By Stacy Hayden
Welcome to the second post in our “Writing Your Grant” series. If you did not read the first post, we would suggest you go back and review our post on Connecting Objectives to Outcomes. In this post, we’ll explore how to connect those outcomes to measurement.
In our last post we talked about outcomes being the latter half of a cause-and-effect pair. For example, we presented this pair:
Objective: Expand student advising program
Outcome: Improvement in student academic progress
We want to ensure the data we use is tied to the outcome. In this case, there are several potential data sources that might be used to demonstrate “improvement in student academic progress.” These might include:
Grades (e.g., students earning a D or F in courses, students earning an A or B in courses)
Standardized Test Scores
Progress Toward Degree Completion (e.g., number of credits earned, other milestones)
While all of these could be reasonable data sources to demonstrate “improvement in student academic progress,” the data source selected should mirror the project. For example, if this was an outcome of a higher education STEM grant, we might want to specify STEM grades. Further, you will also need to be specific in how each of these will be measured. For example, if we wanted to use cumulative GPA as the measurement for this outcome, we would need to decide how to analyze this data and what change we are looking for to constitute success. Examples might be:
The average cumulative GPA of students
The average change in cumulative GPA of students from one time frame to another
The percentage of students with a cumulative GPA above a certain benchmark
The percentage of students with a cumulative GPA below a certain benchmark
The percentage of students who maintain or increase their cumulative GPA
Finally, you’ll need to decide whose data will be used. For example, if a higher education STEM project was to use cumulative GPA to demonstrate improvement in student academic progress, they could look at different samples of students. For example:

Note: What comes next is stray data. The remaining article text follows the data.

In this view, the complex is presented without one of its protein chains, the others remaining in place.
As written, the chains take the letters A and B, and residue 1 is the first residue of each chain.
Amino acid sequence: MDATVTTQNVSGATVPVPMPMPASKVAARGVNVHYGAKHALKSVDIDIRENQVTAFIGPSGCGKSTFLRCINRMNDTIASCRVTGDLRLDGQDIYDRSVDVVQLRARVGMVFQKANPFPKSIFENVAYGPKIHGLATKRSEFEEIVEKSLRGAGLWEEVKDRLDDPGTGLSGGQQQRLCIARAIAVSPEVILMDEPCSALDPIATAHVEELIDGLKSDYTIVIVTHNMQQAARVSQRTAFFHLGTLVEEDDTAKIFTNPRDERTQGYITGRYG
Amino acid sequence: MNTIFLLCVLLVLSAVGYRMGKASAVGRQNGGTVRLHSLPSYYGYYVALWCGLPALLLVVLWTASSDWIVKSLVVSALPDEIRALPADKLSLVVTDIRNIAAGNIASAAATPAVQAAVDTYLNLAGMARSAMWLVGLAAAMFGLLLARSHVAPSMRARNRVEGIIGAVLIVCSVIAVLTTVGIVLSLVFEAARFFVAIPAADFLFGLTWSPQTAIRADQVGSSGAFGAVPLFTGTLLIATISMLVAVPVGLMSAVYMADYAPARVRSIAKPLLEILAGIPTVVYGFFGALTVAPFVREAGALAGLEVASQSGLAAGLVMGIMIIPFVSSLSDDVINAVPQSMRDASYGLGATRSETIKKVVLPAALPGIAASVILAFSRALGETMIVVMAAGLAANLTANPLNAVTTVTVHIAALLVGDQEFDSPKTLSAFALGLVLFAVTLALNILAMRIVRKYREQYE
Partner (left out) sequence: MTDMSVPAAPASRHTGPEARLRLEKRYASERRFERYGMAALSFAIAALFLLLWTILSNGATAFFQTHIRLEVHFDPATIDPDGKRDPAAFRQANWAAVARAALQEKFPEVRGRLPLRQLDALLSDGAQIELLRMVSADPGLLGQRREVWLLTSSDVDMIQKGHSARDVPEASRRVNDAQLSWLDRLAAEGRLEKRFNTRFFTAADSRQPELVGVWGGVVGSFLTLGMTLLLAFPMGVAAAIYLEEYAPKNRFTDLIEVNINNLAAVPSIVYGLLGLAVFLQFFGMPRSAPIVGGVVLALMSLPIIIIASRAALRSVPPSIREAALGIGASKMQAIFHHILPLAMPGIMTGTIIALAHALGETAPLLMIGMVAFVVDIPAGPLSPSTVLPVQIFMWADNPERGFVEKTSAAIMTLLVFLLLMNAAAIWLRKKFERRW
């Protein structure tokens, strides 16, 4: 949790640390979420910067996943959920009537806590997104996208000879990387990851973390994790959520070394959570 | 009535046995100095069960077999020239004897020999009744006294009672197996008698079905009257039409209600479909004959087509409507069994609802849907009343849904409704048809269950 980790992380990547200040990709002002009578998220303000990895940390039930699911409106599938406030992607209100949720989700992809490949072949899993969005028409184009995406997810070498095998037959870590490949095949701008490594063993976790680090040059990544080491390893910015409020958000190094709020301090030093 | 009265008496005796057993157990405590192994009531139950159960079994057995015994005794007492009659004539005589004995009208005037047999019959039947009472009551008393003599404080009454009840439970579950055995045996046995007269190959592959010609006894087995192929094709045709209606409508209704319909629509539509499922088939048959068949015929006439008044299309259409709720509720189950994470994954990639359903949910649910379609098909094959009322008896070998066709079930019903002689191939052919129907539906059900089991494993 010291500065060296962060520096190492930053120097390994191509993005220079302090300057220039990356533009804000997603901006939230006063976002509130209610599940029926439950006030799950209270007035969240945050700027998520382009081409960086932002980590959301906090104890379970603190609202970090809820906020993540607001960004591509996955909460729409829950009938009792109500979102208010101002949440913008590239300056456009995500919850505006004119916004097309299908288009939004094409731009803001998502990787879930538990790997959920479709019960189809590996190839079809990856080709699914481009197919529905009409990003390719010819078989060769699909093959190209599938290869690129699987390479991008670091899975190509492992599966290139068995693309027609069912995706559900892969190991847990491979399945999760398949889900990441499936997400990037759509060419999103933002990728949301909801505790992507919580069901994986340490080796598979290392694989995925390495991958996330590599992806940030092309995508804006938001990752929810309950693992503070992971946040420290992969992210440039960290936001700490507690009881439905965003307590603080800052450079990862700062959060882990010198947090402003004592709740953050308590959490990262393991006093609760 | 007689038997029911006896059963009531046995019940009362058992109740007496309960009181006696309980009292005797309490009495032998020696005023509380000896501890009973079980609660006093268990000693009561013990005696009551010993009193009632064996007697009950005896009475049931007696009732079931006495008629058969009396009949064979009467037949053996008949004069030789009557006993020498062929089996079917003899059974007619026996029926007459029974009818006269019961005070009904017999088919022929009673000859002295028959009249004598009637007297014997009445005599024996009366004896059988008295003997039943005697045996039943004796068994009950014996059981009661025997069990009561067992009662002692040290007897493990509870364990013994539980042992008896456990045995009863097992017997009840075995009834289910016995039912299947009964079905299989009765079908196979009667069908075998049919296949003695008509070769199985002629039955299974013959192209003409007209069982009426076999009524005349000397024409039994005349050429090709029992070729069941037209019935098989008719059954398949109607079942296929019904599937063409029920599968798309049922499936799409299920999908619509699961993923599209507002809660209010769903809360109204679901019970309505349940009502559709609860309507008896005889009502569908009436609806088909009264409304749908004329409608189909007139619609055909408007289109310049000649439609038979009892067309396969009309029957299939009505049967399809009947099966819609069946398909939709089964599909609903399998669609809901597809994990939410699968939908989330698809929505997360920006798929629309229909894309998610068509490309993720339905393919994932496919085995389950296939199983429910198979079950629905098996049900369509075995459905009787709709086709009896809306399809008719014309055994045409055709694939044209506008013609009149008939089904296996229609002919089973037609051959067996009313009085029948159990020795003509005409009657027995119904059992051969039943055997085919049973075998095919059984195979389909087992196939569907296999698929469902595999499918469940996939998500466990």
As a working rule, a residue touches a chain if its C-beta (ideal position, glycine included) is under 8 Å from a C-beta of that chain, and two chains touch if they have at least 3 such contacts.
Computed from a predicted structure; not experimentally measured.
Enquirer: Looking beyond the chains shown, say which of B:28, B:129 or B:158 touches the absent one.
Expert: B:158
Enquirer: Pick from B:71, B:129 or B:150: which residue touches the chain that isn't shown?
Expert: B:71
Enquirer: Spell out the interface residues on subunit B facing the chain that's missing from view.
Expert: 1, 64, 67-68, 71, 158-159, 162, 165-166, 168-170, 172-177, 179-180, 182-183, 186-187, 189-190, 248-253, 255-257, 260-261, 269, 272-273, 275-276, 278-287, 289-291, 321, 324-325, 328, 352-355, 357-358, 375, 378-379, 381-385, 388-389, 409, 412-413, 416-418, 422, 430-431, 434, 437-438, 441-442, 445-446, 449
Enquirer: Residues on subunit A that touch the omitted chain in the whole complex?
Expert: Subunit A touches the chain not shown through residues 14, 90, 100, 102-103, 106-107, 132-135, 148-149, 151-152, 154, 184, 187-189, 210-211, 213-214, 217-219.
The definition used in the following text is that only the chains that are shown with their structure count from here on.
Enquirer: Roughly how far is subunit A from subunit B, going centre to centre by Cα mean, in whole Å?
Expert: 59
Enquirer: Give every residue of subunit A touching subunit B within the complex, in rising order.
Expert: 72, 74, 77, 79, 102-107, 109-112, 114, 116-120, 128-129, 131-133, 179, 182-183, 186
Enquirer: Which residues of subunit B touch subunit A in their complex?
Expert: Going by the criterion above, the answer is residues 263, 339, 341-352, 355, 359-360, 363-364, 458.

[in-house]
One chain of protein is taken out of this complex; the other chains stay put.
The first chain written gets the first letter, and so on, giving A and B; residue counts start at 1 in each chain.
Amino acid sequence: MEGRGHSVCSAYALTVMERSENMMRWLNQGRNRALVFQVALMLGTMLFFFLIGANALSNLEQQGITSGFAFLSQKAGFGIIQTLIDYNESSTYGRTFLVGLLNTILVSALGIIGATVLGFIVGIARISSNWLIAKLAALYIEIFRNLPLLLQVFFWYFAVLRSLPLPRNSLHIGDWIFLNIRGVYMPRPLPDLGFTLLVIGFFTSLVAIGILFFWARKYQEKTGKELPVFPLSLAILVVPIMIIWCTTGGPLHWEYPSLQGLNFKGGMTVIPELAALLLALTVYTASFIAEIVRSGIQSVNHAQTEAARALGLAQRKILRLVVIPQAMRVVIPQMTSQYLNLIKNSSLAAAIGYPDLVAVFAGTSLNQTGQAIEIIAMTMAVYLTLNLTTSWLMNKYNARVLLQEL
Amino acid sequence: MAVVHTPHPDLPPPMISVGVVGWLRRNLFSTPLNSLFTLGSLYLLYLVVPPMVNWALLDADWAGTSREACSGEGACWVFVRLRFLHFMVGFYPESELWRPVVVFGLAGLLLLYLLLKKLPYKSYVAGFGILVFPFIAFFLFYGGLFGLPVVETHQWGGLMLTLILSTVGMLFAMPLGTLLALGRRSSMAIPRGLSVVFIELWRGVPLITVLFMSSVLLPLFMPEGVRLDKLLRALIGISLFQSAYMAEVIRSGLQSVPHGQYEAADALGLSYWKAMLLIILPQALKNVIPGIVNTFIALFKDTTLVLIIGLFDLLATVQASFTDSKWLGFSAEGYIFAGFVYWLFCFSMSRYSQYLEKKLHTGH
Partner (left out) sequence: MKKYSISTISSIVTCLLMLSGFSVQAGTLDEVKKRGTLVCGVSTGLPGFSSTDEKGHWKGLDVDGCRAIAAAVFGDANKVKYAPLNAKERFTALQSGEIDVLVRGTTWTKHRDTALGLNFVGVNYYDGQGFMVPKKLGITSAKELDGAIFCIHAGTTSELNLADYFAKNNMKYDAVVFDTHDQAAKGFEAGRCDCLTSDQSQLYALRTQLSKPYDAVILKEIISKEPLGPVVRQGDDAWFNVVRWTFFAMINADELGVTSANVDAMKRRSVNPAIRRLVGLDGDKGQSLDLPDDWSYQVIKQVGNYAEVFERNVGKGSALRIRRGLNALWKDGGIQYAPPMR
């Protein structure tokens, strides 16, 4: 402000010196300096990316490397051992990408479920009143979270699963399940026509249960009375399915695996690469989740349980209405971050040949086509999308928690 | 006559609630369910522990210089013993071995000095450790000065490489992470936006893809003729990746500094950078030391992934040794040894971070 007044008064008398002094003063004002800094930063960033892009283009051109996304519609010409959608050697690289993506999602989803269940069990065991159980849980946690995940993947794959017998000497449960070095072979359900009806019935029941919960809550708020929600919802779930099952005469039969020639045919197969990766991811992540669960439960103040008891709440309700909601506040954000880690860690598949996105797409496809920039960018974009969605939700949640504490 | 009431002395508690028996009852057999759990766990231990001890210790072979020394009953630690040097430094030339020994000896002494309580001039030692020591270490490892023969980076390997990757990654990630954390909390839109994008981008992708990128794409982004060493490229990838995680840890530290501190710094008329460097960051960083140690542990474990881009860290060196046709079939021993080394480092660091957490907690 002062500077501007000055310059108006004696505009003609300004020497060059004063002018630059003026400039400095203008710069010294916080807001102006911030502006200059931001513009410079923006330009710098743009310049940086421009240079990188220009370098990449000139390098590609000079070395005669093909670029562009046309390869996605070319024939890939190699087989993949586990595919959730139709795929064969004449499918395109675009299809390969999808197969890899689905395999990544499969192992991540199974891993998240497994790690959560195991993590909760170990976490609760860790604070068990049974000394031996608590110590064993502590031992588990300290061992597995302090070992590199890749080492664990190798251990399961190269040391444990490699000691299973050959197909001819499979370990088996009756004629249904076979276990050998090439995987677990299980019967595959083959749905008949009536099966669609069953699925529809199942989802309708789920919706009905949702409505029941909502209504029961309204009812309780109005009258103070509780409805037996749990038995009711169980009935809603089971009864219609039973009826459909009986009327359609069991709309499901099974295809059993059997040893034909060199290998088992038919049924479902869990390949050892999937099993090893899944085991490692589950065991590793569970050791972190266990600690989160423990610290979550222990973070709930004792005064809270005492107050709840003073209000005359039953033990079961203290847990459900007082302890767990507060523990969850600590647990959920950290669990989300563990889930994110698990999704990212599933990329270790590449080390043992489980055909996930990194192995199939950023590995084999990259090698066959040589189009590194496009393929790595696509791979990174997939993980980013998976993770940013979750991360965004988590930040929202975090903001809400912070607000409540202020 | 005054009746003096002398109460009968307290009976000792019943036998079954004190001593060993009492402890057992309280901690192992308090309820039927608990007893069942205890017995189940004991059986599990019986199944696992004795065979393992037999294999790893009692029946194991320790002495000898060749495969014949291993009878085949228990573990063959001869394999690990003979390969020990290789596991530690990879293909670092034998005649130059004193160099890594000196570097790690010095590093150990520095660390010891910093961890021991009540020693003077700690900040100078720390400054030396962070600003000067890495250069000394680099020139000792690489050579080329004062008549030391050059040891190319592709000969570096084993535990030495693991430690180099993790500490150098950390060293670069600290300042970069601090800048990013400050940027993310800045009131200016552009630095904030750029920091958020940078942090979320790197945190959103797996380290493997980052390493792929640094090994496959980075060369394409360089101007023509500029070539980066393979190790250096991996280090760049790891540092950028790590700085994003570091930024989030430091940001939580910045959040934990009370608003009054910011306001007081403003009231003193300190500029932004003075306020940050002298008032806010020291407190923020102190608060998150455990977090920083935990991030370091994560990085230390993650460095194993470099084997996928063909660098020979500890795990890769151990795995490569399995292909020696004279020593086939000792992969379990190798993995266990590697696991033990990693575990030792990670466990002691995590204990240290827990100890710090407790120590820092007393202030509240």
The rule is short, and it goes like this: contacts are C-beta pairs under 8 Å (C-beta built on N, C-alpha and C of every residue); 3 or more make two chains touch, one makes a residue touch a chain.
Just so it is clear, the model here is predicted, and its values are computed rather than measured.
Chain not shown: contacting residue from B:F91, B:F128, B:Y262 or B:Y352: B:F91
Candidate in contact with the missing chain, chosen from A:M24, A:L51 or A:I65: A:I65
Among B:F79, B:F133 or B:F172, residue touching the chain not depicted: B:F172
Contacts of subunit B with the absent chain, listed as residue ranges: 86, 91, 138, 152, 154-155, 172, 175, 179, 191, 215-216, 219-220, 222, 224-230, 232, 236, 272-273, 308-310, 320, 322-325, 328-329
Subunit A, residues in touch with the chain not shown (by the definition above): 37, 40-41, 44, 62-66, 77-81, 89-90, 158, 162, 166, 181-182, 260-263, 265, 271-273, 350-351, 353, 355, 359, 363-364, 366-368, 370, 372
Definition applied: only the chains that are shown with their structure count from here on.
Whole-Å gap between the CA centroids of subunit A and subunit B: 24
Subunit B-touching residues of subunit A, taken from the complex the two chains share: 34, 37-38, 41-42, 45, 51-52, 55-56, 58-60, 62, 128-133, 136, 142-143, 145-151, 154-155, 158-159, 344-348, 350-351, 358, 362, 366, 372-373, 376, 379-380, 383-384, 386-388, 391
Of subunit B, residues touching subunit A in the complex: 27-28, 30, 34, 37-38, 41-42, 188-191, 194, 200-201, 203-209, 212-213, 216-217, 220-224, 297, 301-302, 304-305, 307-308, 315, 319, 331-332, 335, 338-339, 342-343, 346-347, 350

Students participating in the STEM program/intervention
Students participating in the STEM program/intervention who attend advising sessions
Students who have identified STEM majors and who are participating in the program/intervention
Students at the institute of higher education who have identified a STEM major
Determining what sample is appropriate is just as important as determining the data source and how it will be measured.
When you work on a grant application you will likely need to provide the basics related to outcomes and measurements. However, thinking through this prior to being funded can help you ensure your organization has the capacity to procure the required data while also allowing you to use this as preliminary data in a grant application to show the need for funding. Finally, being able to list measures demonstrates to the funder a plan for measuring success and may be required as part of a grant application.
When you work with Shaffer Evaluation Group on a grant application, our team will help you write effective objectives and outcomes along with planning how to measure these. If you're planning to submit a grant application and require an evaluation partner, please contact us at firstname.lastname@example.org.